One of the problems of men of genius is the limited nature of inspiration.
In the sciences, such as physics, original thinkers seem to have an effective life-span like that of football players; most of their original work is done at an early age.
To be sure, a whole lifetime may be necessary to expand and develop a single flash of such enlightenment.
This many-sided relationship, which is the relationship between Chochmah and Binah, also characterizes the Written Torah and Oral Torah.
It is self-evident that the revelatory nature of the Written Torah is of the nature of Chochmah.
The Oral Torah, however, has many facets.
A prominent part was played by Rabbi Akiva, who explicated and explained every "kotz" or detail of Halachah law and custom, under the assumption that they were not sufficiently revealed.
He built a system of rules based on new disclosures, on reasoning, and on addi¬tional or qualifying opinions.
Wisdom may indeed be seen as the wholeness, the entire structure of thought, but its essence lies in a certain core of perfection or truth that requires amplification.
And this extension, even application, is already of the nature of Binah. It is not necessarily an increase in clarity or precision; it is a development of the original idea.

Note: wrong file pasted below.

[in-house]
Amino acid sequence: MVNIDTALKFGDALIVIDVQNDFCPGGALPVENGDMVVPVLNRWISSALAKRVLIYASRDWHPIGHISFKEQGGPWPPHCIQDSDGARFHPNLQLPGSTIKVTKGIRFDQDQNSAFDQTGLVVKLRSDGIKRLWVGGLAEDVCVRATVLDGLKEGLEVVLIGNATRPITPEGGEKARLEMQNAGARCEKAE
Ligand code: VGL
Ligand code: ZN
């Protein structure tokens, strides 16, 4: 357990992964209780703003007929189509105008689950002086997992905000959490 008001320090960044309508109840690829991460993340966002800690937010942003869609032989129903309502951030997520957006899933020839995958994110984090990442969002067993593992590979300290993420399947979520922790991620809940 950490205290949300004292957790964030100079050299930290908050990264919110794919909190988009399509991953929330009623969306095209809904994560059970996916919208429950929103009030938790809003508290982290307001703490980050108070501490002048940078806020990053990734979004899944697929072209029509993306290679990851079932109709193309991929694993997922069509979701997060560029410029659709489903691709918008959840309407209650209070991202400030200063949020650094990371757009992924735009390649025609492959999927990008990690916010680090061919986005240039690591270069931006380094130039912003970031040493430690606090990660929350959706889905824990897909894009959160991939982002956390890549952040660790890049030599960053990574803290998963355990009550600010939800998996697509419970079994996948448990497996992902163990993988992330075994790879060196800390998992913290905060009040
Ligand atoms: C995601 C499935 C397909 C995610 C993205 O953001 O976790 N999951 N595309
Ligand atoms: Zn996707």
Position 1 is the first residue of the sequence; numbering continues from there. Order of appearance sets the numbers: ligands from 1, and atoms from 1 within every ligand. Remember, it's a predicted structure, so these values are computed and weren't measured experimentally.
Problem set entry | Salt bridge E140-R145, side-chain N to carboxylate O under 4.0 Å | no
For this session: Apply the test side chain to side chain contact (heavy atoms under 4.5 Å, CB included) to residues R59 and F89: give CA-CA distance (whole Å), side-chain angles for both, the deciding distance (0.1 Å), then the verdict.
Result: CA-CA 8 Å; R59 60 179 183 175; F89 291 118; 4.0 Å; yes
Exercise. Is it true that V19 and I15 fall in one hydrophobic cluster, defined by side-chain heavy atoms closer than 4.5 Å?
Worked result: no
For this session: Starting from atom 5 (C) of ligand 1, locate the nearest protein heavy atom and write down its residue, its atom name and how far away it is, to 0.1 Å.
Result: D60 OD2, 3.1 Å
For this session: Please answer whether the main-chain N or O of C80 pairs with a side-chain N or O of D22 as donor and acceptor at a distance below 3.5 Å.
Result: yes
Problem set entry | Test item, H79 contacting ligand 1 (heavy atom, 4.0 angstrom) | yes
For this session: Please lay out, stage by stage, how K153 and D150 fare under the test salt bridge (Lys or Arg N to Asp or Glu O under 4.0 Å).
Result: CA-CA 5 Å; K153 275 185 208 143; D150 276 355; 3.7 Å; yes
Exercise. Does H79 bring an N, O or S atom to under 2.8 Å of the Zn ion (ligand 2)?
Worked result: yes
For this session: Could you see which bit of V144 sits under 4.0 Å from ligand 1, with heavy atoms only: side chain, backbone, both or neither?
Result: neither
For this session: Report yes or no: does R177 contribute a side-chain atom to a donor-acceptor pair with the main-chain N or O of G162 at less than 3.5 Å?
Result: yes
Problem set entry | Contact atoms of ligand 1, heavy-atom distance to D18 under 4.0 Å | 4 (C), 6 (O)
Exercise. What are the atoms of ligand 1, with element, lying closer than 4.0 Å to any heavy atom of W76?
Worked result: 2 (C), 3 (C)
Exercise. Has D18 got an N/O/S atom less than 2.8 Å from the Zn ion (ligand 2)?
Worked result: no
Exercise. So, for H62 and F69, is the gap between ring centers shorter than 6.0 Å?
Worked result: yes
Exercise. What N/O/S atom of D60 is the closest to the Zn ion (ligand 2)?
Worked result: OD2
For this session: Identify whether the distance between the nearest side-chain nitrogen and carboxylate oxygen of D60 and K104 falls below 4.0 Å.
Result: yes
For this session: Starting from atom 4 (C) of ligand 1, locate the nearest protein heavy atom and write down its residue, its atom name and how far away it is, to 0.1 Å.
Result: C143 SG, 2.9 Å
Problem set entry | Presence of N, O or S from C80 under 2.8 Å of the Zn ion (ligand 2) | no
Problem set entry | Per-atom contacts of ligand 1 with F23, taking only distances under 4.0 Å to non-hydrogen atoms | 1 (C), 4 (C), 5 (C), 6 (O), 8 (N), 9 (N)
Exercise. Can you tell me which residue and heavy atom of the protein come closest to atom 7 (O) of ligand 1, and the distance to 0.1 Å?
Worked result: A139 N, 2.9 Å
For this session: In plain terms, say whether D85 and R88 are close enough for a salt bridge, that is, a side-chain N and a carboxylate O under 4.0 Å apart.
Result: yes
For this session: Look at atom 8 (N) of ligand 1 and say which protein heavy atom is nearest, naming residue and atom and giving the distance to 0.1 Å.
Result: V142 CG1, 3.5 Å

The Written Torah comes to us with letters, which are the foundation stones, and with "Tagim," or tiny increments or "crowns" to some of the letters, "Nekudot," or marks indicating how the text should be read, and "Taamim," or musical notes indicating how it should be chanted.
These additional elements indicate ever higher modes of grasping the meaning of the text.
Wondrous secrets are thus encompassed in both revealed and hidden features of Torah.
That is to say, the Written Torah needs endless amplification, study, and clarification.
There are infinite layers of meaning, depthless beauty, and new modes of experientially living to be revealed.
In another context of thinking, the Written Torah can be likened to a seed that can grow into a whole organism, like a tree or a person.
For instance, the Torah injunction to keep the Sabbath holy was expanded into a huge volume of the Talmud, and on it many books were written.
Perhaps for this reason, among others, the Torah is called Chavah (Eve), the mother of all life.
It gives birth to much that in turn is the source of other products of mind and spirit.
There is also the factor of emergence from the hidden, the bringing forth after an embryonic period of gestation.
–Rabbi Adin Steinsaltz
From In the Beginning p. 44 by Rabbi Adin Steinsaltz